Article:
For small groups, the state has no way of monitoring how funds are spent. Detailed expenditure reports are not required, but state officials refer questions to the IRS website, which lists all tax-exempt charities including detailed information on where their money is spent.

"By law, the (group or) person has a duty to use that property for its intended charitable purpose," said Rebecca MacLaren of the state Attorney General's office in an emailed statement. "If you solicit and accept money for a charity, you're responsible for making sure it gets used for those purposes. Failure to do so may subject the solicitor to personal liability for the amount received."

Those who've met Dinsmore describe her as a "sweet" 20-something who can be quite persistent.

It was this persistence that prompted another woman, who asked that her name not be used, to give Dinsmore between $1,000 and $2,000 since 2008. She added that many of her neighbors have also contributed.

"This woman — she seemed very honest. She would show up at my house at 11 o'clock (at night)," the woman went on. "She would say she hasn't met their daily quota, there were times she told me that if they didn't meet their daily quota, they'd have to kick a kid out."

The woman said the last straw came recently when Dinsmore asked that the couple contribute their entire year's donation in advance.

In her posting on Town Square, Dinsmore said Mr. Mom is soliciting donations to fulfill a financial commitment to the Boys and Girls Clubs of America.

However, Jan Still-Lindeman, senior director of public relations for the national office, said there's no affiliation between Mr. Mom and the Boys and Girls Clubs, and that clubs don't endorse door-to-door solicitations. Local Boys and Girls clubs contacted by the Weekly said they have never heard of the organization.

Dinsmore would not provide information on how the funds she raises are spent, but in her Town Square posting she said she is helping a "very small number of kids that have aged out of foster care" and that "we also assist non foster care kids that are in desperate need of financial support."

None of the several foster care agencies in Alameda or Contra Costa counties contacted by the Weekly, however, had heard of Mr. Mom.

"Donors have to be proactive and make sure they know who they're giving money to," said Belinda James, head of the state's charitable trust section of the Attorney General's office. "What's important is not to give impulsively but to check out the name and make sure the charity appears in our website and make sure that it's current in reporting to us. That's a red flag, if the charity isn't current on reporting to our agency."

James said potential donors should not be afraid to ask questions if someone shows up and asks for money. Ask for written information from whoever is soliciting; any reputable charity will have the answers.

"If a donor is solicited and doesn't know about the charity, the best thing to do is to ask for written information before giving a donation," James said.


Like this comment
Posted by Terry
a resident of San Ramon
on May 19, 2011 at 7:45 pm

I'm a social worker at a nonprofit organization myself, and I don't contribute to anyone who solicits door to door. I do take information and look them up on Charity Navigator - primarily I want to know that they are legitimate, and I want to know how much of their money goes to serve the population vs. overhead (for example, soliciting funds). If I'm comfortable with what I see, I can mail in a check.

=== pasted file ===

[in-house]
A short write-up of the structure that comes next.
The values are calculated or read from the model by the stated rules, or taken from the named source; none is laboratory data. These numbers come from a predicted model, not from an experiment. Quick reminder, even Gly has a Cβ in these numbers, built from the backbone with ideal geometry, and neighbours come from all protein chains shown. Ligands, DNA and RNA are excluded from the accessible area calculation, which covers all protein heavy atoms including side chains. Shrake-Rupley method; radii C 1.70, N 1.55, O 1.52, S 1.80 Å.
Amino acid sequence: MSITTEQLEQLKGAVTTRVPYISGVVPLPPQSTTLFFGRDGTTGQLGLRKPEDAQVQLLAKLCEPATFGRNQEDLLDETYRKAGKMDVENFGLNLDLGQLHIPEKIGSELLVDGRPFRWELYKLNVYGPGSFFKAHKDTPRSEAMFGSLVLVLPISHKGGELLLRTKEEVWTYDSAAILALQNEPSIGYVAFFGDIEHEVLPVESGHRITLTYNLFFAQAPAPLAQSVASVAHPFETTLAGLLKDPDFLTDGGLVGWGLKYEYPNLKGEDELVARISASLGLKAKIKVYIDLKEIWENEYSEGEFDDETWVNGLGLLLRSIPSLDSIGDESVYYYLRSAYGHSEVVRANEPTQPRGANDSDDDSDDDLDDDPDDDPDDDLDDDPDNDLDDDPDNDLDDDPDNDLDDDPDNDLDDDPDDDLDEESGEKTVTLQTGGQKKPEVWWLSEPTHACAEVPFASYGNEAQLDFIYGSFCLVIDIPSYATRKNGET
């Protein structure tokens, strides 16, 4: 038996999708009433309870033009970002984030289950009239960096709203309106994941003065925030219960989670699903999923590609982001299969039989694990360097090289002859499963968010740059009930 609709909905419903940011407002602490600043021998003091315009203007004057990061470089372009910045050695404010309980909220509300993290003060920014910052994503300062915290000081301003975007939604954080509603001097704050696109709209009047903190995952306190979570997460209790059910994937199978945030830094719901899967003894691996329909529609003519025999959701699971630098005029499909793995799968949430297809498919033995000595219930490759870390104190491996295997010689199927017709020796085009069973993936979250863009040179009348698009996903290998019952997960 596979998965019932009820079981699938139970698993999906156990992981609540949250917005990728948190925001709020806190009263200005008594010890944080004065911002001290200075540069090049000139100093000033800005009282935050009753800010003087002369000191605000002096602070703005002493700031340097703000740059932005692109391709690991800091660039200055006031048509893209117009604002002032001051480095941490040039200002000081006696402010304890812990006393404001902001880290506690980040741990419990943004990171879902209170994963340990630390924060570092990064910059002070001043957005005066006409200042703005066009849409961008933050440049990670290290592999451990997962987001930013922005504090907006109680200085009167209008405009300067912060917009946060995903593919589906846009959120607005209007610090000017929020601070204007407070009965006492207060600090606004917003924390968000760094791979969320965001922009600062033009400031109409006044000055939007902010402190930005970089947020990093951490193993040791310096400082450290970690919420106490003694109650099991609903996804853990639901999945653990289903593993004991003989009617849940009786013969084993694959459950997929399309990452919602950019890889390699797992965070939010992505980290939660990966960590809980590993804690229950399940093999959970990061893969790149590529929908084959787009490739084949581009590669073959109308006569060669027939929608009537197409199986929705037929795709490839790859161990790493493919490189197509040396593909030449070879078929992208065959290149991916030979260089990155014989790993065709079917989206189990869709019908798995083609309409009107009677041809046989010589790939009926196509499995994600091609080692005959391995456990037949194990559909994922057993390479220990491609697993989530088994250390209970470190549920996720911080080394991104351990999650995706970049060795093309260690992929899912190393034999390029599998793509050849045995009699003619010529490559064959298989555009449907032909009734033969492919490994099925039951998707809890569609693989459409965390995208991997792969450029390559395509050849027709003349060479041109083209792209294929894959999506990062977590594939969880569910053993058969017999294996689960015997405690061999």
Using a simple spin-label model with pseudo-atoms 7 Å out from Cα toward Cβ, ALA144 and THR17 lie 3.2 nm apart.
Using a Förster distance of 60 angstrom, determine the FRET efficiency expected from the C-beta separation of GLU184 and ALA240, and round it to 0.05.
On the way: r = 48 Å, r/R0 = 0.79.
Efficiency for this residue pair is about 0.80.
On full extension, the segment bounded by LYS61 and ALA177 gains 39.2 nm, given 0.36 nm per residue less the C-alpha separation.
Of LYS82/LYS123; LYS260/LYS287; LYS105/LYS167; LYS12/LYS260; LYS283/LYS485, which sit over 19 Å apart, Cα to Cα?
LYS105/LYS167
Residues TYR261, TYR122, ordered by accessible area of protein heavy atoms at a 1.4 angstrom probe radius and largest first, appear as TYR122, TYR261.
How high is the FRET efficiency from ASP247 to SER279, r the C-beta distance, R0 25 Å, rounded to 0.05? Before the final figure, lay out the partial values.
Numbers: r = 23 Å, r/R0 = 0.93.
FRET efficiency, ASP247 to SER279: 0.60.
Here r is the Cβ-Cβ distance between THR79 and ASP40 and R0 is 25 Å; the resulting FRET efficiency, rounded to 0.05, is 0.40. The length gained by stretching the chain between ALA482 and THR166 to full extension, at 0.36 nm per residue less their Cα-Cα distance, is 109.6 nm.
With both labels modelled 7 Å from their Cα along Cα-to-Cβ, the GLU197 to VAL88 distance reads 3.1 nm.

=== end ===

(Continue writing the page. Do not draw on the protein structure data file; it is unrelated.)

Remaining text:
Honestly, I don't think very highly of an organization that would encourage volunteers to solicit donations after dark, therefore potentially jeopardizing their safety. Also, to resort to emotional blackmail ("there were times she told me that if they didn't meet their daily quota, they'd have to kick a kid out.") is reprehensible.

Those in the story above are incredibly kind, and I hope their donations have indeed gone for what they intended.

Like this comment
Posted by T. Pardee
a resident of another community
on May 19, 2011 at 11:17 pm

Social work in the afternoon, not 11pm. Nobody in their right mind would give 1000 dollars to some lady who rings their doorbell that late. Common courtesy, not sob stories! That's how things are in Manteca and the rest of San Joaquin County.

Like this comment
Posted by Tami
a resident of Danville
on May 20, 2011 at 7:48 am

Happened to me twice....Gave a check to a boy from Antioch school district. He wore a student ID card. I had a funny feeling, so I called the school to confirm. No such fund raising with school sports department with Contra Costa Times. Stop payment on that check. They had made fake ID tags. Second time years later....Church came by to help troubled teens, I took the info., looked up the street address. It was an empty lot, no such church. People will do anything. Done. No thanks is what they get now.

Like this comment
Posted by SALLY
a resident of Danville
on May 20, 2011 at 8:29 am

people, come on, just look at all the red flags ! Think first and do not double donate !!

Like this comment
Posted by Duffy
a resident of Danville
on May 20, 2011 at 9:23 am

Don't open the door! "Just leave your material on the doormat and I'll retrieve and look at it tomorrow." They never leave anything which should be your first clue as top the legitimacy of the "charity."

Like this comment
Posted by Jim Sakasian
a resident of Danville
on May 20, 2011 at 10:41 am

I love the blank expression when I say "Obama took all my money...." works every time-----lol!!

Like this comment
Posted by Nancy
a resident of Blackhawk
on May 20, 2011 at 12:03 pm

Sign on my front door

"We can't afford to save any more money"

Like this comment
Posted by Nick
a resident of Danville
on May 20, 2011 at 1:39 pm

To "We can't afford to save any more money" please add "we have been living beyond our means for a long, long time"

Like this comment
Posted by Sherry
a resident of San Ramon
on May 20, 2011 at 2:19 pm